He saw the world of faith as an expression of the feeling of “absolute dependence” on something greater and transcendent. According to the philosopher, faith overcomes the subject-object divide between the perceiver and the perceived.

“Religion does not aspire to explain the nature of the universe like metaphysics, it does not aspire to educate people and make them better like morality. Its essence is neither thought nor action.” In his theory of knowledge, participation in the divine is not only possible in an afterlife after death.

Goethe initially praised Schleiermacher for his education but, as he confessed to Schiller, he lost interest in this doctrine because it was too Christian for him. Throughout his life, he remained reserved towards Romanticism, in which he recognised the exaggerated, diffuse and sick.

Although the poet by no means belonged to the group of rationalist natural scientists, Laszlo Földenyi reminds us, he abstained from the cult of nature. Goethe loved order, harmony and beauty, which in his opinion could only be found in ancient art.

The Romantics, on the other hand, often favoured the irrational, the emotional and the disorderly. Goethe rejected this rejection of classical principles. While Friedrich always remained a man of the north, the poet, close to burnout, fled “from the indifferent sea of fog of public business” (von Arnim) towards Italy. Although he was only a moderately talented painter, he developed his concept of art in the land of lemons, followed the rules of an ancient aesthetic and searched for antiquity in Rome.

During a visit to Friedrich in Dresden in 1810, the Monk by the Sea preoccupied him and he reacted ambivalently. Presumably, according to Illies, he “wanted to keep his own endangered soul free from these melancholy tones, almost in a panic.” The poet’s relationship with the painter was difficult. “Friedrich’s paintings could just as easily be seen upside down,” he polemicised, criticising the “gloomy religious allegories.”

Goethe mistrusted the subjectivity of human perception and emphasised – quite scientifically – the objectivity of light, for example. In a dispute with Schopenhauer, he exclaimed: “The light should only be there insofar as you see it? No, you would not be there if the light did not see you.”

Goethe met Friedrich again in the autumn of 1816 to ask him to paint the types of clouds described by the meteorologist Howard. The artist, who considered fog to be just as inseparable from the viewer, from his momentary state, as Schopenhauer considered light to be, refused abruptly.

Von Brauchitsch explained his rejection by the fact that he feared that categorising and classifying clouds, as Goethe intended to do, would lead to a demystification of landscape painting.

Existential questions

One thing is certain: In the Friedrich Year 2024, the painter’s work will trigger many topical discussions. In addition to existential questions about the meaning of life and death, paintings such as The Monk by the Sea will inspire debate about our relationship with creation.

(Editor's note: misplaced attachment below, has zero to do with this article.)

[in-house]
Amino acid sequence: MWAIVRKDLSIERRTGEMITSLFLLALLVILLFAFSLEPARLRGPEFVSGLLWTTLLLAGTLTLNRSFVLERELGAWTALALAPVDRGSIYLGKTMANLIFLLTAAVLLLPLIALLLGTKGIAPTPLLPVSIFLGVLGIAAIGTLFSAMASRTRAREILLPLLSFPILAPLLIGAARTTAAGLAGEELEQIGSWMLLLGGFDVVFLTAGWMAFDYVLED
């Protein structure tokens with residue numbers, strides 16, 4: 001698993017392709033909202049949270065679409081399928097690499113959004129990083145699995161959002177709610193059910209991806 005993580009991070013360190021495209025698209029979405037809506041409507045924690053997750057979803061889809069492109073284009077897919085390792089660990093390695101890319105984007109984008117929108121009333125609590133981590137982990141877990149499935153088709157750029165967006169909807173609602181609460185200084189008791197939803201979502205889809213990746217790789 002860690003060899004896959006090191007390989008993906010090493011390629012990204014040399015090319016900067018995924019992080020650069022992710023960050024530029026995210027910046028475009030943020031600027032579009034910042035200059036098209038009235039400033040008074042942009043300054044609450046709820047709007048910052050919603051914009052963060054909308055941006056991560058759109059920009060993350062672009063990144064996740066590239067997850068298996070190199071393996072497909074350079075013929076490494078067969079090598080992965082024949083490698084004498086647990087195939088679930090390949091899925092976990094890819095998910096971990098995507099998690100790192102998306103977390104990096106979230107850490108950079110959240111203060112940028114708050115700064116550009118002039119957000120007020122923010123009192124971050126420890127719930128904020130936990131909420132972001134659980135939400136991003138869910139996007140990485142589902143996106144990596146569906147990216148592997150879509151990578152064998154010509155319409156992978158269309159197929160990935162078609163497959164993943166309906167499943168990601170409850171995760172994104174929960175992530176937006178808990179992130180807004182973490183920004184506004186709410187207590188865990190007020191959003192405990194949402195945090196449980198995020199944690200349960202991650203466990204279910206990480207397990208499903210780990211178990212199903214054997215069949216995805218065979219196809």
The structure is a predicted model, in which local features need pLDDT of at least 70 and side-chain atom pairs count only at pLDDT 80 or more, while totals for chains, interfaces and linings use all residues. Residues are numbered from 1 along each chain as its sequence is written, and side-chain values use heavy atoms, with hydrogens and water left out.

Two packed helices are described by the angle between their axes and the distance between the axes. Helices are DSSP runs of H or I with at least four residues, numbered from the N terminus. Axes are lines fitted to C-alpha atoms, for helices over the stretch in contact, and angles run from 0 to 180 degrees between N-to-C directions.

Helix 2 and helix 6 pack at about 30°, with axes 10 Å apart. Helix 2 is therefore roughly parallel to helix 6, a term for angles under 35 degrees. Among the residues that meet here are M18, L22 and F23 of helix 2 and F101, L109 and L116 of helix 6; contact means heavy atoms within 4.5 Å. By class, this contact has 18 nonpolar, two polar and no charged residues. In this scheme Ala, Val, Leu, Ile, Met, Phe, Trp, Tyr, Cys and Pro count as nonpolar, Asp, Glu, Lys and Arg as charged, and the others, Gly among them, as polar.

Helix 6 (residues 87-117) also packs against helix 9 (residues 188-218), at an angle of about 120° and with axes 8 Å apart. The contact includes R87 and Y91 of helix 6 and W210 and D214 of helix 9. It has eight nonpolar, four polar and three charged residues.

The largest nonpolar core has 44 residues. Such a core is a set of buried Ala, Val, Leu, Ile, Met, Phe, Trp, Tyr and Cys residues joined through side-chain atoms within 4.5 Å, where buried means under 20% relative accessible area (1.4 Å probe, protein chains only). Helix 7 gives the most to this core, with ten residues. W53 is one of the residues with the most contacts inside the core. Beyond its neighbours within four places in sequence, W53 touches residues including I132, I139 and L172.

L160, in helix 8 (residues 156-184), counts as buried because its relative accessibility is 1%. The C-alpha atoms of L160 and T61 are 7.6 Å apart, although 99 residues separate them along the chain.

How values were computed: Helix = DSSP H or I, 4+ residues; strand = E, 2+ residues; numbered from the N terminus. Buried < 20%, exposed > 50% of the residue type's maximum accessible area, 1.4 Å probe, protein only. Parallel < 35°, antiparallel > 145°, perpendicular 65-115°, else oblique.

The German climate movement and the fear of the apocalypse are often associated with religious feelings – in the sense of a substitute religion. As Werner Busch makes clear in his essay, the human being in Friedrich’s paintings is not pantheistically absorbed in nature and does not experience any sublimity of his own in the face of nature in Kant’s sense.

On the contrary, according to Busch, he realises his nothingness in the light of his environment and hopes for redemption in the astonished contemplation of God’s creation. “According to Friedrich, self-assertion, in the sense of Kant’s definition of the sublime as an intellectual mastery of the superior, would only be Faustian self-aggrandisement.”

Here the painter eludes the suspicion formulated by Laszlo Földenyi that the Romantic “deification of nature, its expansion into the metaphysical, is just as much aimed at a rape of nature as an openly technicist attitude.”

Friedrich’s work also inspires other discussions, for example about the current role of religions. Florian Illies sees the painter’s work as the beginning of modern art. At the same time, the question of the possibility of a world of faith based on feelings, but not on a general practice of life, arises.

Abstraction harbours similar dangers in art as in religion: the loss of contact with the real world. A religious practice that is too abstract and relies on emotions causes problems in providing clear moral and ethical guidelines. Schleiermacher already emphasised the importance of community for the practice of faith.

Solidarity plays an important role in practice, and if the teachings are too distant from life, the shared identity and sense of community is impaired. In the art world, freedom of interpretation is desired and everyday life, but the lack of recognised maxims of faith and different interpretations quickly lead to abuse in religious practice.

Only a comprehensive doctrine guarantees a common reality of life. If religions claim relevance in the debates on the core issues of our time, which revolve around the preservation or destruction of creation, then chains of argument based on personal feelings and abstract concepts of God are unlikely to be convincing.